Augusto Muench
Boehringer Ingelheim Mexico, Central America and Caribbean
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Boehringer Ingelheim’s Bet on Innovation Drives Mexican Efforts

By Miriam Bello | Mon, 10/05/2020 - 17:23

Q: How does the company’s approach to innovation benefit Mexican patients?

A: Boehringer Ingelheim is one of the most important pharmaceutical companies in Mexico and this comes with many challenges. We have two important manufacturing plants in the country, one in Mexico City and the other one in Guadalajara, Jalisco. This installed production and exporting capacity has led our country to be classified as one of the strategic locations for the company.

Boehringer Ingelheim has two main business lines in Mexico: human and animal health. Our cardiometabolic division is significantly relevant in the country due to the high prevalence of diabetes, arterial hypertension, thrombosis and heart failure. Our products, beyond focusing on the generality of a disease, are meant to benefit patients with unsolved health needs. Over the past 10 years, the company has launched three groups of compounds to treat cardiovascular diseases. We have recently received the results of our product SGLT2 inhibitor, which showed potential to reduce deaths related to heart failure on patients with and without diabetes. This allows the product to reach many more patients as it will have a positive effect regardless of the patient’s pre-existing condition. We are pursuing the medical indication and approval in Mexico because it is highly relevant for the local population.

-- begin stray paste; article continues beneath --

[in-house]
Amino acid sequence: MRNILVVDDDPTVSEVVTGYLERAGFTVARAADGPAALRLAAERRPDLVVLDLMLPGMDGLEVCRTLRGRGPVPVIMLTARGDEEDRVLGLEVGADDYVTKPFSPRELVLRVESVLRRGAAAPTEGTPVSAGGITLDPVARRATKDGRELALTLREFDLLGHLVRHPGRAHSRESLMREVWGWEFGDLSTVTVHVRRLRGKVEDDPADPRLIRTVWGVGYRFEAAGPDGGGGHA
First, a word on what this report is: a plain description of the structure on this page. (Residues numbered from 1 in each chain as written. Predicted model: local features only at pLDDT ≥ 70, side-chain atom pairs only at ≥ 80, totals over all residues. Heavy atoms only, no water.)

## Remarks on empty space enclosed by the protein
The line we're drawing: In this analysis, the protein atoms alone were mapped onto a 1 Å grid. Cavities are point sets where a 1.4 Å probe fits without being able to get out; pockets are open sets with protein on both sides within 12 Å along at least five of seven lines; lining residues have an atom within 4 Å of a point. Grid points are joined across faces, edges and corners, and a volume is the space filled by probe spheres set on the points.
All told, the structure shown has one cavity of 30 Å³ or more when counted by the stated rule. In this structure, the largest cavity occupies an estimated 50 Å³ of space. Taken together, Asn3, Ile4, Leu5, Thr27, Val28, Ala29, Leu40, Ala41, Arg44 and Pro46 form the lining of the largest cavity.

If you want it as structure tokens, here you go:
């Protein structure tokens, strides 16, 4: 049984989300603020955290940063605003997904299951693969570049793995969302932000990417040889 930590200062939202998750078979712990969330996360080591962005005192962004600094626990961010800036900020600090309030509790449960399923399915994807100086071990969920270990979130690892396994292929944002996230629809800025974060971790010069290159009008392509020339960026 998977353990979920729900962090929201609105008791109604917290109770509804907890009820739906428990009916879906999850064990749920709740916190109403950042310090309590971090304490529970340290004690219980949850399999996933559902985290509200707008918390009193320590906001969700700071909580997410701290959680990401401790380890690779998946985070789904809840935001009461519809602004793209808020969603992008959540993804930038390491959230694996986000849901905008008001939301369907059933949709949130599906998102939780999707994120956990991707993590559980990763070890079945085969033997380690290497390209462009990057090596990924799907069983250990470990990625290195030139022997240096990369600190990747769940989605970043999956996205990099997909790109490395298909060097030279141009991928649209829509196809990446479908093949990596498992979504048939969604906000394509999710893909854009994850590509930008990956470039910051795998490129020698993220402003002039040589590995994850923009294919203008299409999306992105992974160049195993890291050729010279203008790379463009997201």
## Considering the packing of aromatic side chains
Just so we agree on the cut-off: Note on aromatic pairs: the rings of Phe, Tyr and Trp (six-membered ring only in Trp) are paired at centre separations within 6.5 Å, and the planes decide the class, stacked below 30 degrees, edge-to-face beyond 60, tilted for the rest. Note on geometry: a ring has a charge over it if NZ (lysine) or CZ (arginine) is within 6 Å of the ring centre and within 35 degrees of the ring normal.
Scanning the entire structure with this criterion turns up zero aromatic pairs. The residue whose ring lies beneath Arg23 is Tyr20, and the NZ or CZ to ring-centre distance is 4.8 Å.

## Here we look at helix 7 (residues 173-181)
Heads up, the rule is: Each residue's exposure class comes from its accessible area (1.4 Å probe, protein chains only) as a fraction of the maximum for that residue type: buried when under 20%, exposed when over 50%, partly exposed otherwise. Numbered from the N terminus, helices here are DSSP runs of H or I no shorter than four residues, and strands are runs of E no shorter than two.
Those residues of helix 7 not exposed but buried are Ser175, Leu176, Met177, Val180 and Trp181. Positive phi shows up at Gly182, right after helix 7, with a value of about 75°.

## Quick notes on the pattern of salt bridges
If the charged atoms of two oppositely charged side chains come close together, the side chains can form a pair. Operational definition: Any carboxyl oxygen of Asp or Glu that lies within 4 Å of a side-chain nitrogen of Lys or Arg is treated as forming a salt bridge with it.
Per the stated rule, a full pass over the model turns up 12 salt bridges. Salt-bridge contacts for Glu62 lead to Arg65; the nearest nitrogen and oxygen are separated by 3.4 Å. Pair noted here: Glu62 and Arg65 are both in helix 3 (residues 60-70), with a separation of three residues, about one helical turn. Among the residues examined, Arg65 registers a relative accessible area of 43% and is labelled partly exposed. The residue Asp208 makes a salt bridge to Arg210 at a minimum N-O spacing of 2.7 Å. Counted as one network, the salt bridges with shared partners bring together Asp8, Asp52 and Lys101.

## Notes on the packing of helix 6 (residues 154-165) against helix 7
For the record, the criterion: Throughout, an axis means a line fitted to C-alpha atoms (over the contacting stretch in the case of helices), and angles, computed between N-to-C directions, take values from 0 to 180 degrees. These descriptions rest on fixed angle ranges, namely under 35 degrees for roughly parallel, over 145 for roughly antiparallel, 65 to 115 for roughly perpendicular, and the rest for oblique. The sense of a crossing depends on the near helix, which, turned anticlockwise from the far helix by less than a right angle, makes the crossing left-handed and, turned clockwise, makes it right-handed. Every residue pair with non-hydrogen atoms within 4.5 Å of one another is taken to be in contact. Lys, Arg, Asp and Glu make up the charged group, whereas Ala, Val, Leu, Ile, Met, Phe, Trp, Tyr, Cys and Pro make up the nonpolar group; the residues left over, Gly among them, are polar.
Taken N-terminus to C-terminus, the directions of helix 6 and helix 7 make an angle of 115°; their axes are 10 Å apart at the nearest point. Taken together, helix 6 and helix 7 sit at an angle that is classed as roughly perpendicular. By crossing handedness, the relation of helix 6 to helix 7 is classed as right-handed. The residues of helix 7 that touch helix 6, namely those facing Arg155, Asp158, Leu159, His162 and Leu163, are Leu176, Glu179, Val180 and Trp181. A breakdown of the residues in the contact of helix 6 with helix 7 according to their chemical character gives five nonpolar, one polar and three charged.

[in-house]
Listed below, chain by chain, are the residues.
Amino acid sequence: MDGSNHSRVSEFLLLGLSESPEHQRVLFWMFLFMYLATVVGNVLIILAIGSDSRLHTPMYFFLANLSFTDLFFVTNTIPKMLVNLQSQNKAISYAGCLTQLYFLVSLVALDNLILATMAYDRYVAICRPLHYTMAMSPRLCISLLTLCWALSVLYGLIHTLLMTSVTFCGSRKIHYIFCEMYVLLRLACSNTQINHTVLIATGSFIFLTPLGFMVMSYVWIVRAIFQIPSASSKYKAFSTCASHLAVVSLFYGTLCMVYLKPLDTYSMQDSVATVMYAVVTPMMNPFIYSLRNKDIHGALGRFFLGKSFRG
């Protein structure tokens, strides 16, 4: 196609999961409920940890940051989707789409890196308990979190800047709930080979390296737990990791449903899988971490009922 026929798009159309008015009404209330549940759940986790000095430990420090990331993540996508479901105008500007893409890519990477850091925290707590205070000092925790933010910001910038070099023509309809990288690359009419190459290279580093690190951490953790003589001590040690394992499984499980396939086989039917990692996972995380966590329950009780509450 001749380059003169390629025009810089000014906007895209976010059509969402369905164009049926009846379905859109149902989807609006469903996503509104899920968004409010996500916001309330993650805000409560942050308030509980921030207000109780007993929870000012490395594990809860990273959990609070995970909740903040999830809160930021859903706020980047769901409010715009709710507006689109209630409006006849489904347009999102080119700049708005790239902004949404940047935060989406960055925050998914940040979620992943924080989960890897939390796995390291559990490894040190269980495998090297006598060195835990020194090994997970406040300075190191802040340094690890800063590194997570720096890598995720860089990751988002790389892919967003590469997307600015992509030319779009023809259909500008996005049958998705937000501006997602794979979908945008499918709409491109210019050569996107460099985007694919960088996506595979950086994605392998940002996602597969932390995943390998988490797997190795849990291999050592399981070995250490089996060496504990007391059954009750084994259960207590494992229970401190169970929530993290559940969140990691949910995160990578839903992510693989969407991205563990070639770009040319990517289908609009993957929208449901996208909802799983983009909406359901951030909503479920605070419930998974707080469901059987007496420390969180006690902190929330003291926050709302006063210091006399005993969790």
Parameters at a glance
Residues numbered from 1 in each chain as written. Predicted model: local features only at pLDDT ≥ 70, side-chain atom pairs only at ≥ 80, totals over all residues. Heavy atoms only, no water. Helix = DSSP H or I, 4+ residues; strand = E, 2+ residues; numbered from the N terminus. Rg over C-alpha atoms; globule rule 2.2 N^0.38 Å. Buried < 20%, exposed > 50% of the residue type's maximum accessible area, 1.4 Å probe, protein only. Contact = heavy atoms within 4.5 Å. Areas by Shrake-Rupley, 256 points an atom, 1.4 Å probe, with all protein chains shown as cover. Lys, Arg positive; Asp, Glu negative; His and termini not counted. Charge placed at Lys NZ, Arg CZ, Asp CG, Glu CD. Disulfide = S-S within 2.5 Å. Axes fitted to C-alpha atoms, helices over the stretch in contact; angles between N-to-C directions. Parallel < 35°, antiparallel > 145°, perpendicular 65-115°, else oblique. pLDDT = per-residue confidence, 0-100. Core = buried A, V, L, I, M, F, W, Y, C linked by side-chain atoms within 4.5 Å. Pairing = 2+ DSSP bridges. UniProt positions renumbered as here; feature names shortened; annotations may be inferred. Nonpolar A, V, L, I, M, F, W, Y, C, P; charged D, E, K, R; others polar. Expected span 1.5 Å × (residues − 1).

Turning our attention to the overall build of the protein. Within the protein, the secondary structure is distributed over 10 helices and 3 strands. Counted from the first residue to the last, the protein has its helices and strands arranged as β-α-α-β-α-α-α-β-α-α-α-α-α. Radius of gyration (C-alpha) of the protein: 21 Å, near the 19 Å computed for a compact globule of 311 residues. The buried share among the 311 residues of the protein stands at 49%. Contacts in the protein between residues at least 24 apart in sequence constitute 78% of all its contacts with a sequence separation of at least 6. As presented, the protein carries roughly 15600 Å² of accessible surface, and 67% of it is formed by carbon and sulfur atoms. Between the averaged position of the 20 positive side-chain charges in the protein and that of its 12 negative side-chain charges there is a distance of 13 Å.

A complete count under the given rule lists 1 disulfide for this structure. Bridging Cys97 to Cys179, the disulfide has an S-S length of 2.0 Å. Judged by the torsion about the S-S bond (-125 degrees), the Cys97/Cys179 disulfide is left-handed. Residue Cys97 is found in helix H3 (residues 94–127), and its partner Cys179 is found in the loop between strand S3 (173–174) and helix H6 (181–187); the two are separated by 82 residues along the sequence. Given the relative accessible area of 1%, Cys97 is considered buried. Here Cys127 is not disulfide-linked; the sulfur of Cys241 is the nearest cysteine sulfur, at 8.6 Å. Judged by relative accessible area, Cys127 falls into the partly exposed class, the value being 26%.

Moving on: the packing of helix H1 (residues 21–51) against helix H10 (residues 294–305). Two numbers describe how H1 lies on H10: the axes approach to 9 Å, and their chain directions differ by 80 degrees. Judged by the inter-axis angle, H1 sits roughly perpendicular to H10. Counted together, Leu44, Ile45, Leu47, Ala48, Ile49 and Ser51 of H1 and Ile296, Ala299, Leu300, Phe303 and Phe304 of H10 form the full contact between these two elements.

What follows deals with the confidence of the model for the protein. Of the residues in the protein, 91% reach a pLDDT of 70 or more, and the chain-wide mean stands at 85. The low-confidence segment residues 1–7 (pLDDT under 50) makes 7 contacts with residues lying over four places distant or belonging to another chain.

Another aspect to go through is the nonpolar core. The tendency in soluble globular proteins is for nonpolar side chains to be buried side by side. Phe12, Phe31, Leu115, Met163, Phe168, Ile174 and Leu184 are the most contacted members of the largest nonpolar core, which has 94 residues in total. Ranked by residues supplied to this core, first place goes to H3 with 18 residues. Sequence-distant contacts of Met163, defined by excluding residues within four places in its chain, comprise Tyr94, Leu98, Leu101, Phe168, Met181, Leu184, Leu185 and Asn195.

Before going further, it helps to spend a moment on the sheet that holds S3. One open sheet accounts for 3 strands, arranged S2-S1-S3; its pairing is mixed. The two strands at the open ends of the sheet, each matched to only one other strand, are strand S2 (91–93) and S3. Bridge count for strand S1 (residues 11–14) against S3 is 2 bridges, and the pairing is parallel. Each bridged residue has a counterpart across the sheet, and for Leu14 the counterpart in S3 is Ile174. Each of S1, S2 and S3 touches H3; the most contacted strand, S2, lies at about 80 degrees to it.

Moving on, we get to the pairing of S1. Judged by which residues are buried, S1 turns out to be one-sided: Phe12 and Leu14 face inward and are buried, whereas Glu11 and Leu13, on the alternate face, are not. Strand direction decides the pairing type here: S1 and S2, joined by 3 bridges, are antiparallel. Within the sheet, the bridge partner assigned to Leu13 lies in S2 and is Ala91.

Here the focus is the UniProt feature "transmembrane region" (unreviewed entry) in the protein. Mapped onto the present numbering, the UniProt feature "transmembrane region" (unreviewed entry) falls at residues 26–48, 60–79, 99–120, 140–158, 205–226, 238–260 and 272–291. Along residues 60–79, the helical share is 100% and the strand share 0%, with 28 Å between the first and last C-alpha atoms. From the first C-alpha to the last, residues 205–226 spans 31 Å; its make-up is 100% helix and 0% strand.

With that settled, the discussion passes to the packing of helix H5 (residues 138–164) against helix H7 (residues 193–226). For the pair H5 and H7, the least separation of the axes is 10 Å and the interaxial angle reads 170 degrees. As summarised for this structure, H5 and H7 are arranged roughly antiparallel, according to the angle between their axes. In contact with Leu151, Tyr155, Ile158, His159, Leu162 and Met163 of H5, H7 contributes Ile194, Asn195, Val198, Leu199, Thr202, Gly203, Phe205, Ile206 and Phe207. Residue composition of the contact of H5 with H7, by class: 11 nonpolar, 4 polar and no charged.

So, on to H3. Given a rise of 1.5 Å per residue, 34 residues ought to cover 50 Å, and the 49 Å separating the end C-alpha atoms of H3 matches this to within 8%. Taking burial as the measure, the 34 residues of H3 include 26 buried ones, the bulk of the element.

Boehringer Ingelheim’s mission is focused on adding value through innovation. We are a research-based company where each new chemical or biological compound has taken the task to make the world a healthier place.

Q: How is your patient-centric approach reflected in the company’s R&D and product pipelines?

A: Boehringer Ingelheim is one of the Top 5 companies that has been recognized with the “PatientView” award for our approach to the patient during research and clinical trials to develop products that truly meet their needs in a more effective and safer way. Boehringer Ingelheim will even change the original plans for its trial to best adapt it to our patients’ needs and lives. In Mexico, particularly, we have established four work principles: open communication, internally and externally; compliance to operate transparently; learning from change to grow in an ever-changing environment; and patient centricity.

Once we have any product available, it is our priority to introduce it to every country where we operate. If Mexico takes part of the clinical trials, there would already be medical centers familiar with our product as will the country’s regulatory entities, clearly benefiting patients immediately.

Q: What does Mexico represent to Boehringer Ingelheim’s global operations?

A: Mexico’s manufacturing center is one of our most important globally. The country’s proximity to the US offers an advantage as 60 percent of production is exported there. Last year, Boehringer Ingelheim approved a MX$1.6 billion (US$76.1 million) investment in our human health plant and MX$100 million (US$4.7 million) in our animal health plant. This demonstrates the commitment of the company to Mexico as a long-term strategic manufacturing hub. We centralize in our lines more than 50 percent of the cardio-metabolic products needed in Mexico. In the future, we hope that the Mexican population’s demand for these products can be fully met by the country’s local production capacity.  Apart from the US, our animal health plant mainly exports to the Middle East, Asia and South America.